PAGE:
The decision by developer Marco Arment to voluntarily pull his iOS 9 ad blocker, Peace, earlier this week got a public show of support by Ghostery, the maker of the scripting tools licensed by Arment. Ghostery says:
Both we and Marco feel that the way Peace was being used compromised the neutrality that Ghostery is built on.
Specifically, the black and white, all on/all off approach to content blocking in Peace ran counter to our core belief that these aren't black and white decisions. With the currently limited flexibility of the user experience, we both felt it best not to continue to sell or support the app. Ghostery is based on giving the consumer the choice as to what they block and when. Ghostery doesn't block ads or any other content by default. That's too subjective a call. If there are objective measures for what types of tracking should be blocked, then that's an option we'll pursue. Right now, however, we didn't feel that we had the mix right in Peace. Marco agreed.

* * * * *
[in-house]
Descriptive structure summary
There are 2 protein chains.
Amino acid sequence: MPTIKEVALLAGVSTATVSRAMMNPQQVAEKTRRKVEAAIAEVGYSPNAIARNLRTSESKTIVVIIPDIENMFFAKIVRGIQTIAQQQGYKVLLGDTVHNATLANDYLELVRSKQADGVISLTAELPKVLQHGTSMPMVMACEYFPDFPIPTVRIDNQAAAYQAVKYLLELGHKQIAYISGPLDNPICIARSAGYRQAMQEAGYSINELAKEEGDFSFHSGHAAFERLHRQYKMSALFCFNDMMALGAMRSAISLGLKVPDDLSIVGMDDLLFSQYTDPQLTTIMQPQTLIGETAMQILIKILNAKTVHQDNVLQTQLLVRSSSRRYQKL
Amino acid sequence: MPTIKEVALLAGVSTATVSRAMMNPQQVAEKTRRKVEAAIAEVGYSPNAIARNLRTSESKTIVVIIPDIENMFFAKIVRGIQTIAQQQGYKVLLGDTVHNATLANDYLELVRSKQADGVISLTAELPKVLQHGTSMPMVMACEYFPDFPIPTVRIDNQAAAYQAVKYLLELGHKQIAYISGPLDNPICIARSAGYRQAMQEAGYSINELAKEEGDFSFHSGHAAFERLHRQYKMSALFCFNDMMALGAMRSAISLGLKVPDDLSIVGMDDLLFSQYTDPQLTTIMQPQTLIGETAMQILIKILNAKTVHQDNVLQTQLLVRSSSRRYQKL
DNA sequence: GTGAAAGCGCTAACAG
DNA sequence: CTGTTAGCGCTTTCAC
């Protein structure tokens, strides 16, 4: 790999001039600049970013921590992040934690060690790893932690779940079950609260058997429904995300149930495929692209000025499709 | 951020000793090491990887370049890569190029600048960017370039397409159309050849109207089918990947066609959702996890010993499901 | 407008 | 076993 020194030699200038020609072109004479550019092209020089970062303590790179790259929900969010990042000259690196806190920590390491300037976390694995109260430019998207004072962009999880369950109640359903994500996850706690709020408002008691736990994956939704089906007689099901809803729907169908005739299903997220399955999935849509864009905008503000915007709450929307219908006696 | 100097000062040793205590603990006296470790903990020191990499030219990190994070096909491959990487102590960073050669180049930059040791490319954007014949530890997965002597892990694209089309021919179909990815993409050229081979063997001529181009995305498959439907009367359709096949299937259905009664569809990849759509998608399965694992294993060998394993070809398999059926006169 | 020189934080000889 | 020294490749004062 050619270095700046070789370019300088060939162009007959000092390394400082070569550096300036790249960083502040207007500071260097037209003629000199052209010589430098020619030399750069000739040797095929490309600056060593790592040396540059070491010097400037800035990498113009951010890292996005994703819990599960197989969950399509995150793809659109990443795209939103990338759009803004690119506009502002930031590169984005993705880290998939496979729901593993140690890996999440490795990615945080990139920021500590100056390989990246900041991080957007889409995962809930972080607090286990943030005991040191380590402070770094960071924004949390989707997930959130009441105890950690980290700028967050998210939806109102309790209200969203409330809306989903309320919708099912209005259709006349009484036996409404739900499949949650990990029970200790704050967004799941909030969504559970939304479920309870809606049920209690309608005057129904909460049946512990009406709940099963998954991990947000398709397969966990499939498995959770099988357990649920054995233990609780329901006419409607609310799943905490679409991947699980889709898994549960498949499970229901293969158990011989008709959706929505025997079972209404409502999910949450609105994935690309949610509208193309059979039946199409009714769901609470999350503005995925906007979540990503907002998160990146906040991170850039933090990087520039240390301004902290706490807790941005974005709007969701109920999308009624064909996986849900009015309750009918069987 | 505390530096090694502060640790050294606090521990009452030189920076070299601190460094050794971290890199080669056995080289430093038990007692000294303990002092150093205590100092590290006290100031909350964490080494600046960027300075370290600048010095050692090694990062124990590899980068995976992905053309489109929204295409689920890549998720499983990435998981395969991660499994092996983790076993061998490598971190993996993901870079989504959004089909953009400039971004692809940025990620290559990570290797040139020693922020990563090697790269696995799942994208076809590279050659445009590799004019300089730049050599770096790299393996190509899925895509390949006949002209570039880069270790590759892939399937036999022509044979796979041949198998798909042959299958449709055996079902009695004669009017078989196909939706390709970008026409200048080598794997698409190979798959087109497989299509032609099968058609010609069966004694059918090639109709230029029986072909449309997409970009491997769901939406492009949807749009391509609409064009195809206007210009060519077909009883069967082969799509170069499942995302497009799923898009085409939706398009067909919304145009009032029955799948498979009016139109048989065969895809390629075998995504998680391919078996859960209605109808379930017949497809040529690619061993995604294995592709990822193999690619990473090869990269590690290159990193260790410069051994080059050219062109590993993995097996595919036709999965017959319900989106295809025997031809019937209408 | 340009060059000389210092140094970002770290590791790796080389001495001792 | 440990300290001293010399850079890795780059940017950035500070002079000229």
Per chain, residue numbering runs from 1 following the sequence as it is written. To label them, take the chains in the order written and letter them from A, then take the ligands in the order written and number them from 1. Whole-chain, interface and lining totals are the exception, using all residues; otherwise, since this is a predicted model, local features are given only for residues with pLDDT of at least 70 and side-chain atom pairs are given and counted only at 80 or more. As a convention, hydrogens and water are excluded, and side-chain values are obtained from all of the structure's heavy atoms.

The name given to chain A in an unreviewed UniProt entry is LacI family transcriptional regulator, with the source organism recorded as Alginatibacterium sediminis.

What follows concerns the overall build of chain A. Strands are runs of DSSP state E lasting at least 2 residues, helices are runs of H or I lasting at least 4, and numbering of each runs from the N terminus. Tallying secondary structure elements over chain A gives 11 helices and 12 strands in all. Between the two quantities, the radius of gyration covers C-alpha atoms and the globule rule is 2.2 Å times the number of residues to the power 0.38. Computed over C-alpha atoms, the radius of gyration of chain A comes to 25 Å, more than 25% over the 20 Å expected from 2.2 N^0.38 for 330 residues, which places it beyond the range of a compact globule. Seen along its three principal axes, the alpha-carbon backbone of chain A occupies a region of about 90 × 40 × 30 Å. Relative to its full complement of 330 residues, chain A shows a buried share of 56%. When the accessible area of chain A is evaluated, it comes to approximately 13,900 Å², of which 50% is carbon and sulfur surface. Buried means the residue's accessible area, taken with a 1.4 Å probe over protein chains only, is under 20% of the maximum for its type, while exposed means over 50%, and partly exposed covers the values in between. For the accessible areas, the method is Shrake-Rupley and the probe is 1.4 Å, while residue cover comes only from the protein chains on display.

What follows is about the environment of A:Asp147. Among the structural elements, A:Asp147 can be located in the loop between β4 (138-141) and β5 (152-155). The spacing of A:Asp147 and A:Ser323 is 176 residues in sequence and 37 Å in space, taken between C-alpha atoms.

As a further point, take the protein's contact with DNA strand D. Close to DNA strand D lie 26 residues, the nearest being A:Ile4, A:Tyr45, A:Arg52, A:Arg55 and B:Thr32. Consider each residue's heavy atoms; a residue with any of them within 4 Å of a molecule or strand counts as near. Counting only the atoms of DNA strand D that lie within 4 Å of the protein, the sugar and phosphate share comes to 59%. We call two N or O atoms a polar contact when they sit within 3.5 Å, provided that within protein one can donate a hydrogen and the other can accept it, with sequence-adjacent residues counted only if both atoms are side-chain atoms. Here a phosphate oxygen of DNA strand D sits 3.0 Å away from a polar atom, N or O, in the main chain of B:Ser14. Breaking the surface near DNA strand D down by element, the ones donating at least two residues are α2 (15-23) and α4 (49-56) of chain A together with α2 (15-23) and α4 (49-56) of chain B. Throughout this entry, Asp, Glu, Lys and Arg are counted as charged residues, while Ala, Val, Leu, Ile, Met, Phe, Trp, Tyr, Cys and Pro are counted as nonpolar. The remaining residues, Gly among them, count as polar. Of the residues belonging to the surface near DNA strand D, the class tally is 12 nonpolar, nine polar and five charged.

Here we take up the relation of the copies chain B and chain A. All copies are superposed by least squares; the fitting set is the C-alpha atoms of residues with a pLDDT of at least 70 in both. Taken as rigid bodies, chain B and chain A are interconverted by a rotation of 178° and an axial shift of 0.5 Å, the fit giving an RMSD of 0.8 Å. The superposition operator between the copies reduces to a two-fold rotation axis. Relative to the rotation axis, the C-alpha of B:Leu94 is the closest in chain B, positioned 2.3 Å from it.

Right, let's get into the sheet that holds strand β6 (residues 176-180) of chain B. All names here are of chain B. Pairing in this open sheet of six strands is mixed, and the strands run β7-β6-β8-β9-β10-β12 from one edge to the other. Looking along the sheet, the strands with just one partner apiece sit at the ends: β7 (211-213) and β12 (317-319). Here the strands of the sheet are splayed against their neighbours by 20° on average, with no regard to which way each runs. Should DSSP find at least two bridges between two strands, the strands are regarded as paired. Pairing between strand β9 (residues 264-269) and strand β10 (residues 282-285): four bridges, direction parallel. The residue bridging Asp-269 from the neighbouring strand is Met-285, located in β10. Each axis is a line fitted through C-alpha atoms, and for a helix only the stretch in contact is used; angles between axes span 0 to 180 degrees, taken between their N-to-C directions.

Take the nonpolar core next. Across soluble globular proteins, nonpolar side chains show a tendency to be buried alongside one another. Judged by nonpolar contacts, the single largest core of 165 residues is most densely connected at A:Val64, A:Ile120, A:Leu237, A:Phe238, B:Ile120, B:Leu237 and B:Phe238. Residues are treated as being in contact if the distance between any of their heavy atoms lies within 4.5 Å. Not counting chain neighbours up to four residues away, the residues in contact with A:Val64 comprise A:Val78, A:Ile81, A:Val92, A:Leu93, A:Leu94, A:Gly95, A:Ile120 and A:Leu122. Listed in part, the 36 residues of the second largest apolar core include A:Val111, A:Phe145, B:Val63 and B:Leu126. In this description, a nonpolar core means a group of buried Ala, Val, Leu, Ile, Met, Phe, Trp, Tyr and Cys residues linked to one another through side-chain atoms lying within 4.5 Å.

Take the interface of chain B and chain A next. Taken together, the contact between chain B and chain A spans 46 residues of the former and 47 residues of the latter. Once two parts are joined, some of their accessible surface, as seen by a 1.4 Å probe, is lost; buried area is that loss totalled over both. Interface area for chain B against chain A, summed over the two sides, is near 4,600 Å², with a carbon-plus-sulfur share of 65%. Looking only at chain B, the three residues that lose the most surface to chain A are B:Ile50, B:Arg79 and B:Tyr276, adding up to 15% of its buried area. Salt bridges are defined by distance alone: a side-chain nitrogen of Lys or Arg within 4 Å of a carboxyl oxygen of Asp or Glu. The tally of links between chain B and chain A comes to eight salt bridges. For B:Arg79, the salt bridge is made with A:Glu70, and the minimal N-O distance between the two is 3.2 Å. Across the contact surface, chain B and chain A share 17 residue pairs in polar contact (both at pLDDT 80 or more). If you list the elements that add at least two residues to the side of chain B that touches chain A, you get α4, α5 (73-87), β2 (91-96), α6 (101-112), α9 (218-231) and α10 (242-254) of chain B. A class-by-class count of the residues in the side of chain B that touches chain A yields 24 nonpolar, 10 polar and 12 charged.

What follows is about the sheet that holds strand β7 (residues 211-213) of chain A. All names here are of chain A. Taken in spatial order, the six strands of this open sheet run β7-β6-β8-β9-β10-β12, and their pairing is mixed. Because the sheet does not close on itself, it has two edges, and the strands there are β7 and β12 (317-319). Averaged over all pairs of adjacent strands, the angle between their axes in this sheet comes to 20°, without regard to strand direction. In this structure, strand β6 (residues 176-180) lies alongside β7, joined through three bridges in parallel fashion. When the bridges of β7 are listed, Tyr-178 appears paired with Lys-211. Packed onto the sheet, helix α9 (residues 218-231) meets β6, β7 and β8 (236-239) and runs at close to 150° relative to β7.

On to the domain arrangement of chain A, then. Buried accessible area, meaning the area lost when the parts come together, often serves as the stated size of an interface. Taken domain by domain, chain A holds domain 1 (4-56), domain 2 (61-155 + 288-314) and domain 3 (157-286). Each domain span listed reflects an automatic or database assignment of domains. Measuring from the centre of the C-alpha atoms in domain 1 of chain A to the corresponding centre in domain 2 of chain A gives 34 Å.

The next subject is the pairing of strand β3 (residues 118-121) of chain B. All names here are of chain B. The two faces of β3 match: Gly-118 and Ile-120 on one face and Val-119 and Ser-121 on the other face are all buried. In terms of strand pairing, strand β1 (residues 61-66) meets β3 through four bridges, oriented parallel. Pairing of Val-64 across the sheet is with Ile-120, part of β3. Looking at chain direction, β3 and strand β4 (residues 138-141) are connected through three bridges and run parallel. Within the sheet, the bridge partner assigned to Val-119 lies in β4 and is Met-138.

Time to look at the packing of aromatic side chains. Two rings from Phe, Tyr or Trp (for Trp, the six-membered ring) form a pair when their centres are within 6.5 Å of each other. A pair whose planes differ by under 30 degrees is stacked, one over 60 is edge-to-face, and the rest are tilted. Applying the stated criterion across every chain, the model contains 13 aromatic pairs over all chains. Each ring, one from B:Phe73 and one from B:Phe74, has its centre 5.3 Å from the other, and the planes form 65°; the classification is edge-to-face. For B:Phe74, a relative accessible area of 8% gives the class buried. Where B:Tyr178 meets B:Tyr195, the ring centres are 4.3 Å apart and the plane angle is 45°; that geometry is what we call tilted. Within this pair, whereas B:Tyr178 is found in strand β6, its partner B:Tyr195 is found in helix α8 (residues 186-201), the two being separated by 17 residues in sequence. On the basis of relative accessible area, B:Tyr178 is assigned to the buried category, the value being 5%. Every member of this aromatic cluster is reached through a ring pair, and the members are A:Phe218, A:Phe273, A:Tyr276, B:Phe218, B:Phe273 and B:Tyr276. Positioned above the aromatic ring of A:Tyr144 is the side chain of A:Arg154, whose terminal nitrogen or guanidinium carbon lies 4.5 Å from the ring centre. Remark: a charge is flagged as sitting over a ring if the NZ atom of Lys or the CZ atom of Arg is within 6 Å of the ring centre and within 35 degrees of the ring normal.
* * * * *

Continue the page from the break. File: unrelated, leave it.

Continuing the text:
Ghostery added that it feels there are still some issues with the current state of the online ad industry and that it will continue to work on these problems with its other products.
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